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National Journal: Q+A with Sen. John Boozman

The Arkansas Republican discusses his bill to address veteran mental health and suicide prevention.

Jul 21 2023

By: Savannah Behrmann

July 19, 2023

Sen. John Boozman serves on the Veterans’ Affairs Committee, where he has made it a priority to address veteran suicide. He recently cosponsored legislation with Chairman Jon Tester, the Not Just a Number Act, which would require the Veterans Affairs Department “to deepen the understanding” of which VA programs have the greatest impact in alleviating the crisis. Boozman spoke with Savannah Behrmann about what the bill means for veterans and how it builds on prior legislation. This interview has been edited for length and clarity

Can you explain the Not Just a Number Act and why it is so crucial to address the alarming number of veterans who take their own lives every day?

For many years, we have been working really hard on veteran suicide. Twenty years ago, the number was about 22 [per day], and only a few years ago, the number was about 20. In the last couple years we've had some successes and got it down to about 17. That's simply still way too high. It's unacceptable.

What we're trying to do with this bill is go a step farther than current policy. Right now, we're in a situation where the VA records medical visits and mental health appointments, and then they try and correlate that with suicides. We'd like to go a step further and see what benefits these individuals were obtaining, try and get some correlation between what programs in the VA are working and programs that aren't working.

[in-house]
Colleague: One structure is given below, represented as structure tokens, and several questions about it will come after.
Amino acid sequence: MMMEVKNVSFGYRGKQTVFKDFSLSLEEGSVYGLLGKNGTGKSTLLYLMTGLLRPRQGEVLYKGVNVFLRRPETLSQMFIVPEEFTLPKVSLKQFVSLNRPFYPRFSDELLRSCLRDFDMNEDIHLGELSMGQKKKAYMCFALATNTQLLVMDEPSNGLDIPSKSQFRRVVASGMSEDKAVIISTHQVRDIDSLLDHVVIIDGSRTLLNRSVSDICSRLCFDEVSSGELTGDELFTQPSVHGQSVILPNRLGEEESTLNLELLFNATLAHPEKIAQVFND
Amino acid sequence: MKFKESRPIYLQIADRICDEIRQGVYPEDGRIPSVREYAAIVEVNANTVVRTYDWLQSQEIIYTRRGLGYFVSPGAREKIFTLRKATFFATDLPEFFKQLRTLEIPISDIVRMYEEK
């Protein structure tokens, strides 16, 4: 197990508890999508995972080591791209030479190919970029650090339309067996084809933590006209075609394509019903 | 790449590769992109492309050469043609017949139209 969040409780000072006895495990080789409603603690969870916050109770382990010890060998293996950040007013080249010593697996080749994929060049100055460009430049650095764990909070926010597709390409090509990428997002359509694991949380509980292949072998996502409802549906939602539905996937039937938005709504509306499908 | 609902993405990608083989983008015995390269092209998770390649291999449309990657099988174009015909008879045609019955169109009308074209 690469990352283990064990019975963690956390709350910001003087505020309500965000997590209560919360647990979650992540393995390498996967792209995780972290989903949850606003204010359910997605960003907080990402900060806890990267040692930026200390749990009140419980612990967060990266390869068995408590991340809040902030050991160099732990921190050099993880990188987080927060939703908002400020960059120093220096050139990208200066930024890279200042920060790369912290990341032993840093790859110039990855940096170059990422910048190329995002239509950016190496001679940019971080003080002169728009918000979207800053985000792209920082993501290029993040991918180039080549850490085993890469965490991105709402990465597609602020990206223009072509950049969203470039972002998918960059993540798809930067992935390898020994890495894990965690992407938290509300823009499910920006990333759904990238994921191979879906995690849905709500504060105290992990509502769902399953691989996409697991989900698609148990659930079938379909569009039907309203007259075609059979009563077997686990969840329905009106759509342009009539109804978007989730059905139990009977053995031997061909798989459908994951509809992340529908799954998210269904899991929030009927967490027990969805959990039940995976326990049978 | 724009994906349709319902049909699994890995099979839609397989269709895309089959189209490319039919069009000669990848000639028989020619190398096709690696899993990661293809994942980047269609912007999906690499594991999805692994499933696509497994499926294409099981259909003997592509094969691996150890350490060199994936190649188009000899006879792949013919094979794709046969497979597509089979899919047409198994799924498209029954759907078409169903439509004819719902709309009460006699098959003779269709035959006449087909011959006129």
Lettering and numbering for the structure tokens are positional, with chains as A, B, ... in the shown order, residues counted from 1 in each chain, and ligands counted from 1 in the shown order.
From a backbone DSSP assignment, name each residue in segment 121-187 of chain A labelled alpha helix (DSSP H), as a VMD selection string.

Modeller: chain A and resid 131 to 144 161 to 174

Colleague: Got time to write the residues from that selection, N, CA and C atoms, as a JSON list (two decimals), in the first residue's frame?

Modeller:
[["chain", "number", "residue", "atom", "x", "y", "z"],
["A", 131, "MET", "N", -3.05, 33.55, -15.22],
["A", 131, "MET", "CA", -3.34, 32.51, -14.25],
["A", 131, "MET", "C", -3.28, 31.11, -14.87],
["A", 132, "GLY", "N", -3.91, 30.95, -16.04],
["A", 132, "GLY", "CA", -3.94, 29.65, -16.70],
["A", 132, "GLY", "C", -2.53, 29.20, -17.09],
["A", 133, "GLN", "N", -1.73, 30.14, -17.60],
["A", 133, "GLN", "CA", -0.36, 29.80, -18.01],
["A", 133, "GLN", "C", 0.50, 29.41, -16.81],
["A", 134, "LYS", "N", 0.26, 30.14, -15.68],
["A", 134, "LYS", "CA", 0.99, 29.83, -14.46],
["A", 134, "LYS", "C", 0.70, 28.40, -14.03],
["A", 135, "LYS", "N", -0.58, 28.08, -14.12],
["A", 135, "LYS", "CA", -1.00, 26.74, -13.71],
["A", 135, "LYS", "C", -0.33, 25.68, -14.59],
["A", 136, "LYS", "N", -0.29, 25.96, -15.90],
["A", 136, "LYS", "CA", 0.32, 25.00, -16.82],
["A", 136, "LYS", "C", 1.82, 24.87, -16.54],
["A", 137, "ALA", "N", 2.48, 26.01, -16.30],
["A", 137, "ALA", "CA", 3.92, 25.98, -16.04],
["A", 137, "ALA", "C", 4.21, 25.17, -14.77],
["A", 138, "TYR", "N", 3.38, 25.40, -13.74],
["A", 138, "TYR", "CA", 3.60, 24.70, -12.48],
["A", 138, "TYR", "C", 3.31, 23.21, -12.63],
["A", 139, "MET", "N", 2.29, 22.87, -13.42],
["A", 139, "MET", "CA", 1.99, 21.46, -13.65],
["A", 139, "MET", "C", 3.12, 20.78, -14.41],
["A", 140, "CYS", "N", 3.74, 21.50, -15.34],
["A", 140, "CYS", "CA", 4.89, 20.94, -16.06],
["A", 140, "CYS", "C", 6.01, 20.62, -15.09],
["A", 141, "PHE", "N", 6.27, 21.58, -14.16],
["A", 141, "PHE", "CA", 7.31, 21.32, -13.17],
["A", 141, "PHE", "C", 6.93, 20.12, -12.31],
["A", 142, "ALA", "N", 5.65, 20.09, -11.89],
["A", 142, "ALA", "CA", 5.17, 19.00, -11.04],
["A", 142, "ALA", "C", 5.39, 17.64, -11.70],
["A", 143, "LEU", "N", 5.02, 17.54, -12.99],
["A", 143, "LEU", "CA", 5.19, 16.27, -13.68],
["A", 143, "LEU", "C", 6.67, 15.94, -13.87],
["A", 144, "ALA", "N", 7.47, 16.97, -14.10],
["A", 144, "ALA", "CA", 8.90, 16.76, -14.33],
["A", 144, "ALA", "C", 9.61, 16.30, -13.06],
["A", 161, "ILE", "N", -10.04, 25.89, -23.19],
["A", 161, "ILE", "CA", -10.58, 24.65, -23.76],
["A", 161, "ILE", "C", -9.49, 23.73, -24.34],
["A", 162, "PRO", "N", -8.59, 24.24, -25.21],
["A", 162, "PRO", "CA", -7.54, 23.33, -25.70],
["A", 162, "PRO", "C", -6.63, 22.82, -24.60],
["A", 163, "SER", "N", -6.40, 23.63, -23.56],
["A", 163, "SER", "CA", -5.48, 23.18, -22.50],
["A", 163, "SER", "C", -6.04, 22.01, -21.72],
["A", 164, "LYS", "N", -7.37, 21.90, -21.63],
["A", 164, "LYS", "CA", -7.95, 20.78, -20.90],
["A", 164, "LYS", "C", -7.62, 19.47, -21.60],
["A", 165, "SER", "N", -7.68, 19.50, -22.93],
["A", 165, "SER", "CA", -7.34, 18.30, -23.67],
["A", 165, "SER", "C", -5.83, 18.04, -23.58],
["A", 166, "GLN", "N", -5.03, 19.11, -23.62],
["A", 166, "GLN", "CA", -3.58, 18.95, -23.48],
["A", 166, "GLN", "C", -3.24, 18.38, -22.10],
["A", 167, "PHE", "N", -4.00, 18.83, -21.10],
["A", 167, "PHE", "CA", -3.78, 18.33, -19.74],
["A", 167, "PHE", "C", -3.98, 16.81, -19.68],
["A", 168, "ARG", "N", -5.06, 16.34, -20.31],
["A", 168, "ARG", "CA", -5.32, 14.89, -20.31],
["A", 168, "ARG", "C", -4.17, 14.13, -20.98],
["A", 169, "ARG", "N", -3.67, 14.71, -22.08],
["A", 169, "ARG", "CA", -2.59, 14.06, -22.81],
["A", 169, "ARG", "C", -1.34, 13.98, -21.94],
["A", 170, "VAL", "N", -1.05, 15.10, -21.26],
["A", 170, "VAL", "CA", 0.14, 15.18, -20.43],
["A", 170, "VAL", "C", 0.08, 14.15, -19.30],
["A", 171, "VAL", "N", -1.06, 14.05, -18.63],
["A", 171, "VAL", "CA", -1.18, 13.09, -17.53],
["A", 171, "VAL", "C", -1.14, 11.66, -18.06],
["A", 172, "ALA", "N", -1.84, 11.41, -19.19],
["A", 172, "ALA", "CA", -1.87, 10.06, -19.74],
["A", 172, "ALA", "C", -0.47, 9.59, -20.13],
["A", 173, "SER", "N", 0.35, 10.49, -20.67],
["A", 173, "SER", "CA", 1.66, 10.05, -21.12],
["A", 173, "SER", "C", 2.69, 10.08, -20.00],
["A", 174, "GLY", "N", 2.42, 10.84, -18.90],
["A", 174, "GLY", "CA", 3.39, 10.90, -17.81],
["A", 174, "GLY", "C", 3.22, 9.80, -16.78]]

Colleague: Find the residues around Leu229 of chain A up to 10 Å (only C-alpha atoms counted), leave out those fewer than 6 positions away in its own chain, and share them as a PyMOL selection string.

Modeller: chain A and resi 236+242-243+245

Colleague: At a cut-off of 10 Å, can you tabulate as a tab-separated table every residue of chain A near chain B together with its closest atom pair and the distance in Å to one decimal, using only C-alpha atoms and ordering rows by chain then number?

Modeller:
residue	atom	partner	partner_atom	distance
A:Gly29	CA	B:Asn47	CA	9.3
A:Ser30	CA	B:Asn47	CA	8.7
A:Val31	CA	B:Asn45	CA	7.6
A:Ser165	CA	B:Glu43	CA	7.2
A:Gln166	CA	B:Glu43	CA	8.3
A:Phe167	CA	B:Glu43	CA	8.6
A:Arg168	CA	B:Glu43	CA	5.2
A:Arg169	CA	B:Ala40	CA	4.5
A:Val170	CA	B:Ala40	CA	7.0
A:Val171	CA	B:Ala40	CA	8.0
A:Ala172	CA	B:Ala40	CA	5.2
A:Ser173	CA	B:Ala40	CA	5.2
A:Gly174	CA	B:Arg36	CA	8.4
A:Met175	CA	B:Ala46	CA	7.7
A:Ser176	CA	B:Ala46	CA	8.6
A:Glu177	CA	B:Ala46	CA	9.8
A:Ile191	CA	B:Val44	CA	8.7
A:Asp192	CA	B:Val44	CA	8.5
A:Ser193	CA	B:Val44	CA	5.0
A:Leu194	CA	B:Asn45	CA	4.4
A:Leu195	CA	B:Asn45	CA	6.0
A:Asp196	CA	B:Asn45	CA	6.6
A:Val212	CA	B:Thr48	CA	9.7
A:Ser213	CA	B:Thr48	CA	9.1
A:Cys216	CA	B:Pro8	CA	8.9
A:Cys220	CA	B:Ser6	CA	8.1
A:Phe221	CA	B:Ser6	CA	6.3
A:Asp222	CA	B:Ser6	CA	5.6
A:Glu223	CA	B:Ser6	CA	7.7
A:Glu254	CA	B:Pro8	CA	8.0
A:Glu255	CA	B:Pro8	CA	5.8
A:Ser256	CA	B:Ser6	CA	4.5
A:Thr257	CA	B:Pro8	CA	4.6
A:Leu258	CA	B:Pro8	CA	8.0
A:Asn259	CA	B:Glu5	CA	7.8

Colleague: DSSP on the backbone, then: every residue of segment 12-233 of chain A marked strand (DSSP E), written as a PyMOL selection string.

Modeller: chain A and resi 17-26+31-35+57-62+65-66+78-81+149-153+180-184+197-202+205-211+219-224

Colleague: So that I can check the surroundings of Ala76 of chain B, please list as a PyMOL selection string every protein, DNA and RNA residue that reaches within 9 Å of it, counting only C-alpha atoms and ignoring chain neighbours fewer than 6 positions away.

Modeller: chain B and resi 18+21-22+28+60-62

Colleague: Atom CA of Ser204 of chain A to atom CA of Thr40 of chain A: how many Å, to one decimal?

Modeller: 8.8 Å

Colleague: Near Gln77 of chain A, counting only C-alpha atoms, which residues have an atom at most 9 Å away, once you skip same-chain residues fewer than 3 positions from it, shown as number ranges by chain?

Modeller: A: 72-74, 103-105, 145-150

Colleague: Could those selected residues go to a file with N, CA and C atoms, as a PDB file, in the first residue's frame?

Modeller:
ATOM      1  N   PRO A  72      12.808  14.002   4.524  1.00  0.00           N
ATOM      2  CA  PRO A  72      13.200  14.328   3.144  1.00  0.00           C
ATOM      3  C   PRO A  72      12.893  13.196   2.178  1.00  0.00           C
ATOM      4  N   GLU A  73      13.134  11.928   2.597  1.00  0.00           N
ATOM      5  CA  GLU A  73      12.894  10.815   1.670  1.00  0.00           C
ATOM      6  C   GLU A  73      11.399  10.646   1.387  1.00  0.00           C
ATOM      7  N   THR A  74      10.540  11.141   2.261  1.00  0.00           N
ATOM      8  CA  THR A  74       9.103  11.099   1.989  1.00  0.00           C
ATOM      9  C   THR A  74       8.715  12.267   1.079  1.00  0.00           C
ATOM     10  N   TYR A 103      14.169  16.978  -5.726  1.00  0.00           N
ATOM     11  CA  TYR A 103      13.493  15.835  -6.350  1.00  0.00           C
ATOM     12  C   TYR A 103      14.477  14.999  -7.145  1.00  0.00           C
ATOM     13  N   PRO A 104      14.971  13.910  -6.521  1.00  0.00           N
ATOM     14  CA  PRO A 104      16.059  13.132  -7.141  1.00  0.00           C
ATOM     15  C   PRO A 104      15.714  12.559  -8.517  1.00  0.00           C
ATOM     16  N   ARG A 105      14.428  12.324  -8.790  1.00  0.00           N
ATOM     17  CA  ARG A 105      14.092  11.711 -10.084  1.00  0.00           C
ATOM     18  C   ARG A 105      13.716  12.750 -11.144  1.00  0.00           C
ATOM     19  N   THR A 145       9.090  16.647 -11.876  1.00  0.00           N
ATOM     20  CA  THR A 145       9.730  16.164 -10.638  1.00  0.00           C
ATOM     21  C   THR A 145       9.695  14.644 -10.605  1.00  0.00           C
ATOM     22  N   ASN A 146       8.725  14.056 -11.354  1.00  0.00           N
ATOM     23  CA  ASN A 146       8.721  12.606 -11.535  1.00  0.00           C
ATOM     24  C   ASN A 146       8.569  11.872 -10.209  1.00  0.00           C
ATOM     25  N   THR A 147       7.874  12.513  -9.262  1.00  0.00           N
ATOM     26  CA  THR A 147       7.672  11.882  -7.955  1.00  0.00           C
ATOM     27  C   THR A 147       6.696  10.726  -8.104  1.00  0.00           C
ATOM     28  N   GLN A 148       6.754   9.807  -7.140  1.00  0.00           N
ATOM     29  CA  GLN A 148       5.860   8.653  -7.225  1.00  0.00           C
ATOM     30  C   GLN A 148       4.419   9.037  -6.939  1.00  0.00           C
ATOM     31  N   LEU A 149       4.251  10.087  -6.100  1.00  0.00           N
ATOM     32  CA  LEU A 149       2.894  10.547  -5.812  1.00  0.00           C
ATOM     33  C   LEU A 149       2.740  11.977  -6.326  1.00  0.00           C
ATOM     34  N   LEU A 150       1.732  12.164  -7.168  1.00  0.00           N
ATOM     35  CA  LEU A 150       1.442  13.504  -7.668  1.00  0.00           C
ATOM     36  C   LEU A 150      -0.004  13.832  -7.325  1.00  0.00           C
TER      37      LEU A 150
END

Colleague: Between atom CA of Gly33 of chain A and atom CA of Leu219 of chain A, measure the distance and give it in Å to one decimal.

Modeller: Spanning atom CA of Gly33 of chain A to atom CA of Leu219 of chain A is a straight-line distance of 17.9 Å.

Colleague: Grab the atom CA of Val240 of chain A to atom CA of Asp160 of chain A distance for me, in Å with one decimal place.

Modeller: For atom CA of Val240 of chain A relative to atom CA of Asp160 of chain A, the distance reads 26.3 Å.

The ones that are working, we need to provide additional funding and support. Those that aren't working in this regard, then we need to back off and not do as much. It’s just getting more information. I think by doing that, we have a much better chance of actually getting to the root of the problem: things like housing, whether a person is under financial stress at the time, all of those different components that can make individuals become depressed or cause their depression to deepen.

In a hearing last week, you pressed experts about holistic views in addressing veteran suicide. You just mentioned how things like economic strain and housing may be currently overlooked as causes. Why do you think it’s crucial to factor in things like that as you address this issue?